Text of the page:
Manafort, College Admissions Scandal – Does the U.S. Need to Invest More in Catching White-Collar Criminals?
Should the U.S. invest more in combating white-collar crime?
by Causes | 3.14.19
What’s the story?
- During Paul Manafort’s sentencing yesterday, his lawyers argued that the former Trump campaign chairman would never have ended up in a courtroom under normal circumstances.
“If not for a short stint as a campaign manager in a presidential election, I don’t think we’d be here today,” said Kevin Downing, Manafort’s lawyer.
- A day earlier, while announcing charges in a massive college admissions scandal, U.S. Attorney for Massachusetts Andrew Lelling noted: “We’re not talking about donating a building so that a school is more likely to take your son or daughter; we are talking about deception and fraud.”
- Should it take a special counsel to catch tax fraud? Does there need be a massive conspiracy before we investigate admissions fraud? In summation: Does the U.S. need to invest more resources in catching white-collar criminals?
How much is spent?
- Immigrations and Customs Enforcement (ICE) had a budget of $7.6 billion in 2018. Border Patrol: $13.56 billion (2016). The FBI: $8.7 billion (2016).
- As Vox explained, “Congress has elected to spend more than twice as much money on the two federal law enforcement agencies charged with stopping illegal immigrants, Immigration and Customs Enforcement and Customs and Border Protection, as they spend on the FBI.”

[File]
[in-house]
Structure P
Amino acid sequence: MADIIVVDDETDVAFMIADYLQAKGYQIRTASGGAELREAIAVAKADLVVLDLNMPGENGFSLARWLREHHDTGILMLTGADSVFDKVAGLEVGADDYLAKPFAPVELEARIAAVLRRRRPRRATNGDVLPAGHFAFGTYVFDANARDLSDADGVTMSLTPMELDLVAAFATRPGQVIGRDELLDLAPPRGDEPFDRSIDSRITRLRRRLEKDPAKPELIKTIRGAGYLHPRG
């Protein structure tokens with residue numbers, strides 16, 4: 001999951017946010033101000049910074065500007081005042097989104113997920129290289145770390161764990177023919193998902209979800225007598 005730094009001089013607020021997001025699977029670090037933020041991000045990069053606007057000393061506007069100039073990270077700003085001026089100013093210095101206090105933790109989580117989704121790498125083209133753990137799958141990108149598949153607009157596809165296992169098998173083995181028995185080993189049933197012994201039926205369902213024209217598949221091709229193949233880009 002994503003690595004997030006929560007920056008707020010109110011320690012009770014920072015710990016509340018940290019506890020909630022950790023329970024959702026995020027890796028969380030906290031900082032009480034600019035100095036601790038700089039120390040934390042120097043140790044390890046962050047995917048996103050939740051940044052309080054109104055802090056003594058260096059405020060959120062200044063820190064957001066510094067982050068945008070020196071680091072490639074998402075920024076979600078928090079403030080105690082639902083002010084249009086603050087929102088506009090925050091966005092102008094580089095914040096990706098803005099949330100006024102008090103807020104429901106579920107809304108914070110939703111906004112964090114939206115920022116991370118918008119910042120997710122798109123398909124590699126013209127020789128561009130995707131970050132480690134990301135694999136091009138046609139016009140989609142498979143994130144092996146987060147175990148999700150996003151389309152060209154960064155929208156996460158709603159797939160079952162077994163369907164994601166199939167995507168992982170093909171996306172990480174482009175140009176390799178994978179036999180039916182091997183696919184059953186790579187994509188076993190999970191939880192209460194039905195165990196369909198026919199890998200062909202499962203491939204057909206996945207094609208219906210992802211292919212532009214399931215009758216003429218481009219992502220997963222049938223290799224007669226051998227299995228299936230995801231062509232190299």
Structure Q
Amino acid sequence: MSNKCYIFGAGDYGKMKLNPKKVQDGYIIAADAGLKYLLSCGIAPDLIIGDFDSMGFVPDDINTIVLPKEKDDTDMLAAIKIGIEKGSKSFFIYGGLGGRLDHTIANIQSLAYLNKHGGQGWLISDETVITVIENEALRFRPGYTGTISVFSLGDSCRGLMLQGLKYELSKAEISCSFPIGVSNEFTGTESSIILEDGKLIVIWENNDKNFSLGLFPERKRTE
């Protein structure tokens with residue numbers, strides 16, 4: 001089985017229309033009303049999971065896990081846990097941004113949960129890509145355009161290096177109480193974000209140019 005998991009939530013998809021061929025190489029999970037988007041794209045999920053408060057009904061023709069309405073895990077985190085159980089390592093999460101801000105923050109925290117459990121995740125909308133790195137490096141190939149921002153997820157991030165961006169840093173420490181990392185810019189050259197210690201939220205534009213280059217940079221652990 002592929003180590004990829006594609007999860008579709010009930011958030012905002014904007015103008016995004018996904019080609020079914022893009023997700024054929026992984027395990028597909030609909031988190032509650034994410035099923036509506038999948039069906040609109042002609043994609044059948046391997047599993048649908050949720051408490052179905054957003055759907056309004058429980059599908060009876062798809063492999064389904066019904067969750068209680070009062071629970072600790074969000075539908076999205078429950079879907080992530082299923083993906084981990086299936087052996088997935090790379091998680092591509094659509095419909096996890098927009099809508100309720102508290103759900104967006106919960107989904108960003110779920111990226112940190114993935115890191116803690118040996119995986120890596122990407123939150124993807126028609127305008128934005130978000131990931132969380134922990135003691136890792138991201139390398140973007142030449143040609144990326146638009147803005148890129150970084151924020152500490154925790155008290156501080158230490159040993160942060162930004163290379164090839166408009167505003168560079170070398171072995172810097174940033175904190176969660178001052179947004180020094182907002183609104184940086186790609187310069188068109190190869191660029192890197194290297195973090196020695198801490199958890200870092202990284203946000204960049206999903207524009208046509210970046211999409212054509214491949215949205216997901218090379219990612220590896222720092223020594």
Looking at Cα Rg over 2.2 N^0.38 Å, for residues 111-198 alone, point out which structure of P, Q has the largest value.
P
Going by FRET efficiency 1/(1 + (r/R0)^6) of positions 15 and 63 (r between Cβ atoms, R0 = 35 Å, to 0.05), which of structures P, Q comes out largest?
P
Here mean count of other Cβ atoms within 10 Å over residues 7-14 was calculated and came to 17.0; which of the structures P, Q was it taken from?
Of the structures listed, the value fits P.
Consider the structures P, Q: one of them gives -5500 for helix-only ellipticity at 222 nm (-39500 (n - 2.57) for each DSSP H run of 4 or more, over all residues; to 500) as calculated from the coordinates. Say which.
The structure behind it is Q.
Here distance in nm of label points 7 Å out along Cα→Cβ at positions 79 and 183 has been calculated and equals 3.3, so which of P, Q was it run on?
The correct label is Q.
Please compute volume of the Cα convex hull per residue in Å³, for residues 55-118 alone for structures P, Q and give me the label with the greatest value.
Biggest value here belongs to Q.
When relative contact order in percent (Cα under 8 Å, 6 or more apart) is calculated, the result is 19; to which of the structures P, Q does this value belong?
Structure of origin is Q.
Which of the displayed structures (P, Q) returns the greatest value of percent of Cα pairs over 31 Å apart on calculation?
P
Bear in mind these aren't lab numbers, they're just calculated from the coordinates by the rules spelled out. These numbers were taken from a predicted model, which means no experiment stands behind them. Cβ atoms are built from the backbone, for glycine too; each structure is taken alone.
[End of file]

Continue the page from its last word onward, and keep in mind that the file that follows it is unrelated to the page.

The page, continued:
- The FBI, they note, includes counterterrorism, counterintelligence, organized crime, and a range of other responsibilities—including policing white-collar crime.
What about sentencing?
- In his first trial, Manafort was sentenced to 47 months in prison for an array of fraud charges—a sentence met with outrage by many legal experts.
"The sentence is very lenient, end of story," Duncan Levin, an expert in financial crimes and former federal prosecutor, told the BBC. "It is significantly lenient for a crime of this magnitude."
- A 2017 study in the Iowa Law Review - Judging Federal White-Collar Fraud Sentencing: An Empirical Study Revealing the Need for Further Reform – reported that the majority of federal judges in white-collar cases "frequently sentence well below the fraud guideline".
"Federal trial judges now follow the advisory fraud guideline range in less than half of all cases," the authors wrote.
- According to U.S. Sentencing Commission data, drug offenders on average serve much more time in prison than fraud offenders.
- “Crimes committed in an office building should be treated as seriously as crimes committed on a street corner." -Sen. Amy Klobuchar (D-MN)
What do you think?
Does the U.S. need to devote more resources to catching white-collar crime? Or is it a justice reform issue? Take action and tell your reps, then share your thoughts below.
(Illustration Credit: Courtroom sketch of Paul Manafort / WILLIAM HENNESSY JR)
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